- When should I breastfeed?
- My baby is really sleepy during the day. Should I be waking my baby to eat?
- I know that breastfeeding is best for my baby but it feels really strange to me. Is this normal to feel this way?
- How long should a feeding last?
- It seems like my baby wants to breastfeed all the time. How can I tell if my baby is getting enough milk?
- When should I seek help with breastfeeding?
- Where can I go for help with breastfeeding?
Watch your baby for signs of hunger and allow your baby to breastfeed as often as desired. Every baby is different, but most will nurse at least every 2 to 3 hours.
Wake a sleeping baby if it has been longer than 3 hours during the day and 4 hours at night since the last nursing. It may take about five minutes to wake your baby. Rubbing baby's back, talking close to the baby's face or changing the diaper are all ways to help wake a sleepy baby.
Some new moms feel breastfeeding is awkward and uncomfortable at first. With a little bit of practice you will begin to feel much more comfortable and even enjoy it.
Feedings will usually last between 15-45 minutes. Allow your baby to stay on the breast as long as there is continued sucking and swallowing. You will know that your baby is finished when sucking stops and baby lets go of the breast.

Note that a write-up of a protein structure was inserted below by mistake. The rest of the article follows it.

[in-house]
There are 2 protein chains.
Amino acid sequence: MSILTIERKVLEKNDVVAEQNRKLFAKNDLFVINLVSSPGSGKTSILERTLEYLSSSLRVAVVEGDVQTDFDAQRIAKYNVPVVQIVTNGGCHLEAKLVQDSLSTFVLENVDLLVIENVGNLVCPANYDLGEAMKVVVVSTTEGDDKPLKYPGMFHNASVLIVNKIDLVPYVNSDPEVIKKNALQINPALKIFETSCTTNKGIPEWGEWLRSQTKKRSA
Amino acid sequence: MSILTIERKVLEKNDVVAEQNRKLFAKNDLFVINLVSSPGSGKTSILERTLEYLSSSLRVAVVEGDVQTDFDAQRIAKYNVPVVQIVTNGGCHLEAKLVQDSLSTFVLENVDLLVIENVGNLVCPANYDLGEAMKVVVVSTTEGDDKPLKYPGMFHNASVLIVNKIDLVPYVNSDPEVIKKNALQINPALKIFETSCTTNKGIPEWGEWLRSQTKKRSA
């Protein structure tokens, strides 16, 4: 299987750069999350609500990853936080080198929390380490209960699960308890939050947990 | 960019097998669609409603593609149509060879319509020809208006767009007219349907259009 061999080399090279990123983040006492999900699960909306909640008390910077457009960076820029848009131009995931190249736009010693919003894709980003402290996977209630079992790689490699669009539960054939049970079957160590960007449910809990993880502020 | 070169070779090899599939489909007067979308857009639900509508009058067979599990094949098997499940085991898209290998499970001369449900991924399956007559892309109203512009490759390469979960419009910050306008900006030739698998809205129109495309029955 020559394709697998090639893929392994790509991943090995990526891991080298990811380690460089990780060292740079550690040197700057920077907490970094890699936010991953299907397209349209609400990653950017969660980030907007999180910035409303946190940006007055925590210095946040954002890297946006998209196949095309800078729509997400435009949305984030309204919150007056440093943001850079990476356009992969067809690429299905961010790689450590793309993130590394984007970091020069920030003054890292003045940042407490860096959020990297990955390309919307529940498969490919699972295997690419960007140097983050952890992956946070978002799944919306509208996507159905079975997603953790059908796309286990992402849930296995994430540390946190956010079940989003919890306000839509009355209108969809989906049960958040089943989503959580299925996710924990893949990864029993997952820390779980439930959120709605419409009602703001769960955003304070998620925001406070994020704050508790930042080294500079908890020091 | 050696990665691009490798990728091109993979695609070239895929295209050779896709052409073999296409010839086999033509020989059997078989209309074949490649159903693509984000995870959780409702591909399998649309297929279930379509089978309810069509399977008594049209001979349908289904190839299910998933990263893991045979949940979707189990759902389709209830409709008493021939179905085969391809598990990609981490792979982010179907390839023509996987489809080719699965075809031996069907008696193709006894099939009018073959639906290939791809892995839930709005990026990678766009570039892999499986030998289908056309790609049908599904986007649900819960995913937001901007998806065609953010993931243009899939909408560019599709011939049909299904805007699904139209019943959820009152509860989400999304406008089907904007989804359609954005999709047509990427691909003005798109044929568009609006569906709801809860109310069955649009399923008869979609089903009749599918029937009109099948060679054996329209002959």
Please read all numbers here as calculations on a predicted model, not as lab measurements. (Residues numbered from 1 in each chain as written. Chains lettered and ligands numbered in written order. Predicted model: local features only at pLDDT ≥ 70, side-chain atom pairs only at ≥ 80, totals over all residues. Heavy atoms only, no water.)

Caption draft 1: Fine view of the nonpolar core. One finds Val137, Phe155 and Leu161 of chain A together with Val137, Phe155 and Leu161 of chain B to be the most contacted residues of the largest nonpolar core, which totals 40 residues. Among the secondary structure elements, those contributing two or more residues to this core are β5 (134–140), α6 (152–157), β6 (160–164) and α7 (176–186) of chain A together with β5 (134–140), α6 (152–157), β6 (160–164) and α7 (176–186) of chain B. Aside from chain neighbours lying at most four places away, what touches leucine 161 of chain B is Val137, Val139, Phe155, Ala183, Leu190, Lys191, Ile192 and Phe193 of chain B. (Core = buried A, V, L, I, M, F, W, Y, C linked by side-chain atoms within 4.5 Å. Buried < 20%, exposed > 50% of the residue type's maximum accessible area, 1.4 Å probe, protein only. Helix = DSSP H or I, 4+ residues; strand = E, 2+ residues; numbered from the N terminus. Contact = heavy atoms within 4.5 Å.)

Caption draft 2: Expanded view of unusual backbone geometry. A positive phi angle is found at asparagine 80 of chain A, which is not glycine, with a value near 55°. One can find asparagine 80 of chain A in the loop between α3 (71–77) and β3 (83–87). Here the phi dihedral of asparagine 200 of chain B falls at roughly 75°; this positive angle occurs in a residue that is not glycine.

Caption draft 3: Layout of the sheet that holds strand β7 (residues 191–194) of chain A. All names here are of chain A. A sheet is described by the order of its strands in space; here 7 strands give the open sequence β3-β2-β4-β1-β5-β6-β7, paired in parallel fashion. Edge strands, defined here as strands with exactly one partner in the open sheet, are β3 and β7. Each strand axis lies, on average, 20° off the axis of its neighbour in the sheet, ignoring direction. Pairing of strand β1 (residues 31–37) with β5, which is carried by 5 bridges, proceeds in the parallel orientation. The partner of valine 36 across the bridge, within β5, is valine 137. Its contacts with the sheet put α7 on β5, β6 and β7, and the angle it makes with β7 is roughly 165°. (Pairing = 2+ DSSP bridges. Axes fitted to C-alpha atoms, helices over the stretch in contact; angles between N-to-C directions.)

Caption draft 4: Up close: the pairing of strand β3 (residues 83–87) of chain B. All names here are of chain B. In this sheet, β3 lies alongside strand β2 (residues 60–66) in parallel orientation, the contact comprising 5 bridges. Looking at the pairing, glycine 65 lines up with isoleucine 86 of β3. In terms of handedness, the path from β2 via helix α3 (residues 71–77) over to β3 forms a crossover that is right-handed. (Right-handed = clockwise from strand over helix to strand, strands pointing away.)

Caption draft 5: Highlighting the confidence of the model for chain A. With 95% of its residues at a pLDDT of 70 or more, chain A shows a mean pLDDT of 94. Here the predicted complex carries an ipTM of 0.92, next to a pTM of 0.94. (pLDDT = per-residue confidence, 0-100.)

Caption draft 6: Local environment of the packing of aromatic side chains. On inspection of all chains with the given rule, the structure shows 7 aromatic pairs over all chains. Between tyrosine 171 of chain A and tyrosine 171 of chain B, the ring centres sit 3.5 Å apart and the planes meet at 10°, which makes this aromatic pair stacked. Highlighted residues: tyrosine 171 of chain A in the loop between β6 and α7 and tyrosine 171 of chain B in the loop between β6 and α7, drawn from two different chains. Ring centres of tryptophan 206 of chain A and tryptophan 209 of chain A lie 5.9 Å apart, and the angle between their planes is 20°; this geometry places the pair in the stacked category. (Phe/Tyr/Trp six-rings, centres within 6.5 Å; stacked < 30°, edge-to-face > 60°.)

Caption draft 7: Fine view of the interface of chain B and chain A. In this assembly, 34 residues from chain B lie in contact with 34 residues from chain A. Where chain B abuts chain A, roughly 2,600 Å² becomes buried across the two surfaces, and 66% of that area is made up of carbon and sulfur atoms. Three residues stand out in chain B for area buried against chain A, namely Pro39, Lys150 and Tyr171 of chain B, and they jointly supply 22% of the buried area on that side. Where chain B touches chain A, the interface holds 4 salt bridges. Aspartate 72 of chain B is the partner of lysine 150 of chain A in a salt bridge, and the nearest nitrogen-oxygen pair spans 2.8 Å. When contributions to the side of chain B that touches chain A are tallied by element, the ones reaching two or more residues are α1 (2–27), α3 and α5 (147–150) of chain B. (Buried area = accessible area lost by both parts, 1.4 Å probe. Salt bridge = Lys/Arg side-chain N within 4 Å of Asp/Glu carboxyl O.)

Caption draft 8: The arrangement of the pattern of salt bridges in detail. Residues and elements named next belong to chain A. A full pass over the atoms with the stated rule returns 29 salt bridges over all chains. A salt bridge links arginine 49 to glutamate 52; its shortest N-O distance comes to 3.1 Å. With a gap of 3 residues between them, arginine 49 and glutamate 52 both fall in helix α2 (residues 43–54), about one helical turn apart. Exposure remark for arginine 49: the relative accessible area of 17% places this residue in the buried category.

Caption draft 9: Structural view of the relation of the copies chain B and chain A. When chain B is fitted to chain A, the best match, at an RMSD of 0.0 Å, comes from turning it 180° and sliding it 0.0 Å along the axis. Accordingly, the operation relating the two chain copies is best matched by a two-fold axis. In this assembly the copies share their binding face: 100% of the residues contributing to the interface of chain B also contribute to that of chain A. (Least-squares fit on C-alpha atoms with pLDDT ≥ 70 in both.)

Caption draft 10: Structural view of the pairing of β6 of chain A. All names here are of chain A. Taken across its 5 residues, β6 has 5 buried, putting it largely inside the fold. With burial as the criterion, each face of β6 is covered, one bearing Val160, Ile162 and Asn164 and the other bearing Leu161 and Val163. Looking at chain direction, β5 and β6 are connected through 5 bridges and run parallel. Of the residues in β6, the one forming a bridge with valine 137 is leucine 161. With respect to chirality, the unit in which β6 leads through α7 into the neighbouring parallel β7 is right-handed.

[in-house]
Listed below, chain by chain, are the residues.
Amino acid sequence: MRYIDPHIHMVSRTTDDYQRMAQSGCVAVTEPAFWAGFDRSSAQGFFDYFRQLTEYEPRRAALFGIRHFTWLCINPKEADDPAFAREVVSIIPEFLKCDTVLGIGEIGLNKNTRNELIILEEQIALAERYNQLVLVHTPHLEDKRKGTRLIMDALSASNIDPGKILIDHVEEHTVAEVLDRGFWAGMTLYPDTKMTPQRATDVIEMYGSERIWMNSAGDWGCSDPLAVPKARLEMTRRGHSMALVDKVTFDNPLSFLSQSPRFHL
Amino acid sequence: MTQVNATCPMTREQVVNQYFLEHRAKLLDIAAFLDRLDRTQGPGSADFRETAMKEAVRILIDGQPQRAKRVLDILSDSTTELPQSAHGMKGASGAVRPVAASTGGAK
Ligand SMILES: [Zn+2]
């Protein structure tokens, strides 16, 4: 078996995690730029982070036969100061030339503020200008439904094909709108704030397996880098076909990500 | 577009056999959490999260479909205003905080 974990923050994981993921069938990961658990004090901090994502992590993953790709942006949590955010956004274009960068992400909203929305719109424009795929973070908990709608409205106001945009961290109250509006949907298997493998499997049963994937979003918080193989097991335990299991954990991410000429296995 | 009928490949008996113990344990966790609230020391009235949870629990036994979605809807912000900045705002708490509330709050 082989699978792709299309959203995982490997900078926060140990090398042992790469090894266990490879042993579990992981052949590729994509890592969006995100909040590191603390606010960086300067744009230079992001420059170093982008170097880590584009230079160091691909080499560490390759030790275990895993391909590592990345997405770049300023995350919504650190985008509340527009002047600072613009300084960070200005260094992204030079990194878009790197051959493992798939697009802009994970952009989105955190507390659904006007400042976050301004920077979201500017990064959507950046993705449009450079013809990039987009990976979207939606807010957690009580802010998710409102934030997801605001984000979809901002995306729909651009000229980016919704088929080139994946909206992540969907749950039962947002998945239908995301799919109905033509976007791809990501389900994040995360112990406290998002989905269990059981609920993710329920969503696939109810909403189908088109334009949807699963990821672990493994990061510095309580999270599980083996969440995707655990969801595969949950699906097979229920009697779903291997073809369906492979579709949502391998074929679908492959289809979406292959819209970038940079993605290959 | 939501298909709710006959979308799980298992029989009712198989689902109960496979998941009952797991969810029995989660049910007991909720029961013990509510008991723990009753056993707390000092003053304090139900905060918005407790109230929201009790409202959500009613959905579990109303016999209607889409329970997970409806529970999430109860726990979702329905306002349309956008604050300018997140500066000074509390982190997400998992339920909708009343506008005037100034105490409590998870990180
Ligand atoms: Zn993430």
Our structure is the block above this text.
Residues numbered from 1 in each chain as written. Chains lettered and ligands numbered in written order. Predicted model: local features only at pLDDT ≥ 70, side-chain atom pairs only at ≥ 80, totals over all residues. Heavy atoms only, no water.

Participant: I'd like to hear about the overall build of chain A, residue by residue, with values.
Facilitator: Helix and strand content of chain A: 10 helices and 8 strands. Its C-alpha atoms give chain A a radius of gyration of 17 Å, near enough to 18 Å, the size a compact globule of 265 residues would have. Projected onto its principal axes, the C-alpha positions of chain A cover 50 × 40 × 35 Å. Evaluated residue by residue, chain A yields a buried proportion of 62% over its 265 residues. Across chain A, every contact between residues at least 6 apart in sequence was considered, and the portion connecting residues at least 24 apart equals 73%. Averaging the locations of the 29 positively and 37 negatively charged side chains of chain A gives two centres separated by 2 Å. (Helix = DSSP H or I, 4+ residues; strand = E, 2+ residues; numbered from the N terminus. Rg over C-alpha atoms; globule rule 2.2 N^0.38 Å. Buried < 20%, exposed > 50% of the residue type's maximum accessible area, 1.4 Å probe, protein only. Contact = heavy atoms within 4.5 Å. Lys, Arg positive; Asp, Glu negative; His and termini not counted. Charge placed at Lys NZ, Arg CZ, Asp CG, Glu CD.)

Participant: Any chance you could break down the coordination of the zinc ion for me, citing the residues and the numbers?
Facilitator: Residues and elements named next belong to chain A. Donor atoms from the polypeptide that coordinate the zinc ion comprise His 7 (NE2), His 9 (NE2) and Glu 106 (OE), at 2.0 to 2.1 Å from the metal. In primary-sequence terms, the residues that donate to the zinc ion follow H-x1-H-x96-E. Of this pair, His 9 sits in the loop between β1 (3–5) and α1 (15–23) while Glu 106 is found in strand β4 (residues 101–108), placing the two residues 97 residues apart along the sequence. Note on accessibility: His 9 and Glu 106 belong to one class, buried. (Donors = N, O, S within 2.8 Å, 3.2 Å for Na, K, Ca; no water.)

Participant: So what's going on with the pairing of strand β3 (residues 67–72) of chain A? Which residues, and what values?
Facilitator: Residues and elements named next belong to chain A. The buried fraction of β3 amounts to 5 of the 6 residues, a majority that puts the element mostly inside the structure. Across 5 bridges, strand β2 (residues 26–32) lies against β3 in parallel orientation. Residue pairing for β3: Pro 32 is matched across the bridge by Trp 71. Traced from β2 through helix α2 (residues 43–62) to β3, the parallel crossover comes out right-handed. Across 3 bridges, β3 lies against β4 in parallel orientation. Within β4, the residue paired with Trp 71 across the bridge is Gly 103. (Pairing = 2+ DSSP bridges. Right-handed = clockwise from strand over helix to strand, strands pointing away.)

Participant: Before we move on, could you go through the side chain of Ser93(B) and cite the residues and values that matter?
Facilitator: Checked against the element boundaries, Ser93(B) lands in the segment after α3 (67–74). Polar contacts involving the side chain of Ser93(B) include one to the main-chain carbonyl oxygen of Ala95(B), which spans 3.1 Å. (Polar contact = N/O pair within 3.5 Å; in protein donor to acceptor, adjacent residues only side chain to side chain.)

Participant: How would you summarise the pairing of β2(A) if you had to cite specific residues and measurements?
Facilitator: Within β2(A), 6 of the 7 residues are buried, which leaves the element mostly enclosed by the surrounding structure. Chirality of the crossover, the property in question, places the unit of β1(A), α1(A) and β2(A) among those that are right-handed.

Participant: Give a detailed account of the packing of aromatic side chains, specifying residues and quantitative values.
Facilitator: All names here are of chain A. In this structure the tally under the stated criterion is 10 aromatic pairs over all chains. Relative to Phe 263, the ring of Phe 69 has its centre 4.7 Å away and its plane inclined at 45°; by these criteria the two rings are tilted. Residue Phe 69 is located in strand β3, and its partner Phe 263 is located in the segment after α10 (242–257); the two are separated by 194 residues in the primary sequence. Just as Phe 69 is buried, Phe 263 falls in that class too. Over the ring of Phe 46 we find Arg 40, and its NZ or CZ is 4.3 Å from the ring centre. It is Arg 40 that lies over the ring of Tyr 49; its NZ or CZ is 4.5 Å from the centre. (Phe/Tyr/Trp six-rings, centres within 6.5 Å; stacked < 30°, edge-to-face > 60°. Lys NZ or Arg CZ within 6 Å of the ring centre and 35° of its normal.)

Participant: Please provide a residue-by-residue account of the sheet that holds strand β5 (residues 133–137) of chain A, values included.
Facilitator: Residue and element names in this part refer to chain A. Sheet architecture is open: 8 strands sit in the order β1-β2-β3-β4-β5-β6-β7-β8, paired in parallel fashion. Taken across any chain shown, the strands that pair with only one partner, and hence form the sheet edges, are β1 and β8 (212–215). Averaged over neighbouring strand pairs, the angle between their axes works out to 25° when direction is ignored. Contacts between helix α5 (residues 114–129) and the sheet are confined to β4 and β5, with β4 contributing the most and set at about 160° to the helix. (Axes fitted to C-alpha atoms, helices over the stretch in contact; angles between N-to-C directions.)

|Day||Feedings||Wet Diapers||Dirty Diapers|
|1||6-8||1 or more||1 or more|
|2||6-8||2 or more||2 or more|
|3||8-12||3 or more||3 or more|
|4||8-12||4 or more||4 or more|
The number of wet and dirty diapers is the best way to tell if your baby is getting enough milk. The number of nursings and the number of wet and dirty diapers will increase each day for the first four days of life. However, after baby is four weeks old it is normal to notice the number of dirty diapers decrease.
While many mothers and babies adjust easily to breastfeeding, others sometimes have trouble getting started. Ask for help if:
- Baby is unable to hold a proper latch
- No sign baby is getting milk
- Severe breast pain while nursing
- Less than 3 dirty diapers on day 3
- Baby continues to lose weight on day 5
- Below birth weight at 2 weeks
- Baby seems weak, tired and not interested in feeding
There are many resources available to help you and your baby get off to a good start.
- Birthing unit at hospital where you delivered
- Local WIC office
- Lactation consultant
- Baby's health care provider
- La Leche League Helpline 1-877-452-5324
- Maine La Leche League listings of local groups and volunteers
- Monday - Friday 8am-5pm
- Voice: (207) 287-3991
Instate Toll Free:
TTY: Maine relay 711
- Mailing address:
11 State House Station, Augusta, ME 04333
Phone Number to your
Local WIC Clinic
East Wilton 207-645-3764
Presque Isle 207-768-3026
FY Policies (PDF*)
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- Produce Safety
- FDA Looks for Answers on Arsenic in Rice
- Dole Fresh Vegetables Announces Precautionary Recall of Limited Number of Salads
- Keeping Your Food and Water Safe during Floods, Hurricanes, and Power Outages
- Constituent Updates
- Bumble Bee Foods Voluntary Recall on 5-Ounce Chunk Light Tuna Products Due to Loose Seals